The Royals' home uniform remained almost unchanged from its first season. The original design featured blue arm and neck piping, along with "Royals" in blue and in script lettering. The road uniform was inverted from the home uniform, with "Kansas City" written in blue, in script lettering and in an arch arrangement. For the 1971 season the "Kansas City" on the road uniforms were changed to block lettering, while both uniforms added a roundel containing the team logo on the left sleeve. The blue cap with "KC" stitched in front was also introduced and remains in use today.[1]

1973–82: Pullover and powder blue uniforms

The Royals switched to pullover uniforms for the 1973 season. While the home uniform did not deviate much from its original design, the road uniform changed to a powder blue base and white letters. Names were added in the 1978 season.[1]

1983–91: Return to button-down style

The Royals returned to wearing buttoned uniforms for the 1983 season. The most notable change came on the powder blue uniform, where "Royals" in script replaced "Kansas City". Both uniforms added numbers on the left chest.[1]

1992–2001: Return to grey uniforms and alternate blue uniforms

For the 1992 season, the Royals resumed wearing grey uniforms on the road, but the uniforms retained the "Royals" script and letters in blue with white trim. In 1994 a blue alternate uniform was introduced, with "Royals" script and letters in white. The following season, the road uniforms were tweaked to feature "Kansas City" in block letters, while neck piping was removed. A grey cap with blue brim and "KC" in blue was also used for a few games.[1]

2002–2005: Addition of black

Before the 2002 season, the Royals added black to the color scheme, and this was also reflected on the team's uniforms. Initially, the home uniforms were only updated to remove blue piping and include black drop shadows, but in 2003, the Royals went with sleeveless uniforms with blue undershirts. The grey uniforms also removed the sleeves and piping, and were paired with black undershirts and a black cap with blue brim. Letters were also given black drop shadows. The Royals also went with a black alternate uniform, featuring blue piping and "Royals" written in blue with white trim. The sleeve patch was updated without the roundel on the home and blue alternate uniforms, while a new "Royals" roundel logo was placed on the grey undershirt and black alternates. The logo removed the "R" from the shield, enlarged the "KC" and added black drop shadows, and the crown was changed to black.[1]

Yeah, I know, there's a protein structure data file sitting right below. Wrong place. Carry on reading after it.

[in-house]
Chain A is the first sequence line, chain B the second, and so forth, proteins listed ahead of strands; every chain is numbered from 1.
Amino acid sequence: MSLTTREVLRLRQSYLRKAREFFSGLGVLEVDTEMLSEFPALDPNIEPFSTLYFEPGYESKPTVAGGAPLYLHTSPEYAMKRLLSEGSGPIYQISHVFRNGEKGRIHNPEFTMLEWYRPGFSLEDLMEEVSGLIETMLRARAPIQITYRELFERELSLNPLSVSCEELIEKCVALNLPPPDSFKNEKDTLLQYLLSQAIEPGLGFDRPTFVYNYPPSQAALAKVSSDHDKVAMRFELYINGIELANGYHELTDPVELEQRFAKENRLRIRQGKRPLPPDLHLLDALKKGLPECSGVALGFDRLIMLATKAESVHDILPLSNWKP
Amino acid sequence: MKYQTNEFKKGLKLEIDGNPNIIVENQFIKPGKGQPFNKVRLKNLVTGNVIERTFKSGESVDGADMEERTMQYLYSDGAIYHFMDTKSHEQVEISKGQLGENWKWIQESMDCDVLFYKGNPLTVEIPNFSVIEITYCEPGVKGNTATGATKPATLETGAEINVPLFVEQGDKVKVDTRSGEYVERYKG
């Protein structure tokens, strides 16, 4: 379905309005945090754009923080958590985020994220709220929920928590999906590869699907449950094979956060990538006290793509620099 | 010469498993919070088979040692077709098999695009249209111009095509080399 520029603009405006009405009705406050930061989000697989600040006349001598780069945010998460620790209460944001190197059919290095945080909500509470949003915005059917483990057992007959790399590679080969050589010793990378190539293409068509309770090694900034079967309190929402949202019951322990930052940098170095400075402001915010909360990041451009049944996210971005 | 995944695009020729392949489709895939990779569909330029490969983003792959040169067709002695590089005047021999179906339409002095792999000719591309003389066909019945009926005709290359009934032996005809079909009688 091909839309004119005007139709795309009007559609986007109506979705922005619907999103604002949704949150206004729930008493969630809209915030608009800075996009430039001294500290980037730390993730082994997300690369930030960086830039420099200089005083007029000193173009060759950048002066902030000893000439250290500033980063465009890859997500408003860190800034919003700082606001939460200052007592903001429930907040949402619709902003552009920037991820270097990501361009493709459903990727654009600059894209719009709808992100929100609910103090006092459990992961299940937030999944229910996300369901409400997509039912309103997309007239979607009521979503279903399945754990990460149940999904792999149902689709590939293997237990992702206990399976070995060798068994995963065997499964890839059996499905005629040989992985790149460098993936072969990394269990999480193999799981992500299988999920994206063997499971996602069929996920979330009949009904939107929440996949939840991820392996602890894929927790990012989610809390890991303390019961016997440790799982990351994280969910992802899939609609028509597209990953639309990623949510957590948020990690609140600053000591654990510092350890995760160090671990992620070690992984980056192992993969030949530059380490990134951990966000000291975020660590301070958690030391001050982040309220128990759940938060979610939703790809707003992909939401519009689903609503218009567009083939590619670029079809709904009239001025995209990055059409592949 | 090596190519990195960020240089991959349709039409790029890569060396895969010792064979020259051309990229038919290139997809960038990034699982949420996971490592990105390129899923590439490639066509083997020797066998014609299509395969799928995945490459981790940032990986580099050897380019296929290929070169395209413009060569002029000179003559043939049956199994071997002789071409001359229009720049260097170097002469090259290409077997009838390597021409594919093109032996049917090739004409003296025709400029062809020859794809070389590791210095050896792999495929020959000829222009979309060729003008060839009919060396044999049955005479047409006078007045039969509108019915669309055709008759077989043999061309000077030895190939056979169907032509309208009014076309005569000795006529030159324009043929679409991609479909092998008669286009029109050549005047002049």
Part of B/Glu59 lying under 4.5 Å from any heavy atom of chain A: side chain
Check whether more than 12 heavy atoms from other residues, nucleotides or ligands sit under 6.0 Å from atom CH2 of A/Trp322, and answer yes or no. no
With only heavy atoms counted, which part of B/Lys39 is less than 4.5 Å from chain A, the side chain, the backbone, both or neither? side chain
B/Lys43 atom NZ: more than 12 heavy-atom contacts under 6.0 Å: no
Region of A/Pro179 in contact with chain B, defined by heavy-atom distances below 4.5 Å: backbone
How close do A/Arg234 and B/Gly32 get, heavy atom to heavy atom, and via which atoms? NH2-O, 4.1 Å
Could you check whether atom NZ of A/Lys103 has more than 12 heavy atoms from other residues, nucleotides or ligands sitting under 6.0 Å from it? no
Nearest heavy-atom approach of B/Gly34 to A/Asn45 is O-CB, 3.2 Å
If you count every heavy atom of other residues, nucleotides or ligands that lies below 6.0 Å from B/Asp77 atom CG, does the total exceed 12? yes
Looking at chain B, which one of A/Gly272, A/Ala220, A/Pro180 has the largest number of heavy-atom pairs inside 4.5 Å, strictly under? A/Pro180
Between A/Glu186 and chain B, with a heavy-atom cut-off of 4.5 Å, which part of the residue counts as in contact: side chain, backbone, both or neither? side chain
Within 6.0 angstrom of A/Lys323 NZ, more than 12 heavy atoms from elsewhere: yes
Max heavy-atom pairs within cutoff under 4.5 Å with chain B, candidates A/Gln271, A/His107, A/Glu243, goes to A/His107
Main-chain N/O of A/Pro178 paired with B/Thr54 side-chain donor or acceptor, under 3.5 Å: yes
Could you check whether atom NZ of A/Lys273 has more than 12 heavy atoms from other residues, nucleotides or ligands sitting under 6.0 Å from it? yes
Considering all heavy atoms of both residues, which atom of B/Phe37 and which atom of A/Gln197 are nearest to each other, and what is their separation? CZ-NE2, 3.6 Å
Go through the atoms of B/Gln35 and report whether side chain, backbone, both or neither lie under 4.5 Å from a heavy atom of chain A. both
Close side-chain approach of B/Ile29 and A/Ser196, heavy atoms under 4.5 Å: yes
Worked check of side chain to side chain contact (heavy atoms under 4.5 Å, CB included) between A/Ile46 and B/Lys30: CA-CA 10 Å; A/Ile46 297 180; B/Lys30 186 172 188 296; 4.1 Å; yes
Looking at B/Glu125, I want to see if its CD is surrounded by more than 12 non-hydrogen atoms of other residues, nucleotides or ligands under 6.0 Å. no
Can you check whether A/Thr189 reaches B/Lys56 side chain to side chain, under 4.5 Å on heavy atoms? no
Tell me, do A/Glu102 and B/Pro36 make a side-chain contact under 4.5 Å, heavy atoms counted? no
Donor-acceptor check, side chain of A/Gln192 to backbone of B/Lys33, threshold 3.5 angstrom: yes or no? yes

2006–2021: New alternates and return to powder blue

In 2006, black was eliminated from the uniforms, and the Royals returned to wearing sleeved uniforms with arm piping. The crown on the "KC" shield logo reverted back to gold, but the black drop shadows were not removed until 2019. The road uniforms brought back the "Kansas City" script, albeit written diagonally, with a slight adjustment in size prior to the 2012 season.[1] For a few games in 2006, the black uniforms were used, albeit with the "Kansas City" script, before it was retired.[70] In 2008, the Royals introduced a new powder blue alternate with "Royals" in blue with white trim, and letters in white with blue trim; the color lettering scheme in front was reversed starting in 2012. The uniforms were briefly paired with a powder blue cap with blue brim in 2010. Unlike the previous powder blue uniform, this set is paired with the home white pants. As a result, the royal blue alternates were worn exclusively on select road games.[1]

Powder blue was added as a trim color when the Royals issued a new blue alternate in 2014. The "KC" insignia replaced "Royals" and the number in front, while piping was added.[71] After winning the 2015 World Series, the Royals began wearing an alternate white uniform, featuring "Royals" in metallic gold with blue trim. In 2017, the uniform was updated with the team name in blue with gold trim, and numbers in gold and blue trim. A new blue cap with "KC" in gold was paired with this uniform.[1]

2022–present: Block road letters return; City Connect

The Royals unveiled a fresh uniform set for the 2022 season. The primary home uniform remained the same save for the thicker sleeve stripes. The road primary and blue road alternate returned to the block "Kansas City" wordmark the team used from 1971 to 1982, adding chest numbers on both uniforms. The alternate home powder blue uniform removed the royal blue elements, with the numbers taking the same color as the "Royals" script.[72]

Also in 2022, the Royals wore "City Connect" uniforms in homage to Kansas City's "City of Fountains" moniker. The top of the uniform is navy blue with powder blue accents, with a stylized "KC" insignia on the left chest. The "KC" insignia was shaped to resemble a fountain of water shooting up. Pants worn are white with a powder blue stripe on each side. Caps are all-navy while helmets are navy with powder blue brim; both designs incorporate the "KC" in front.[73]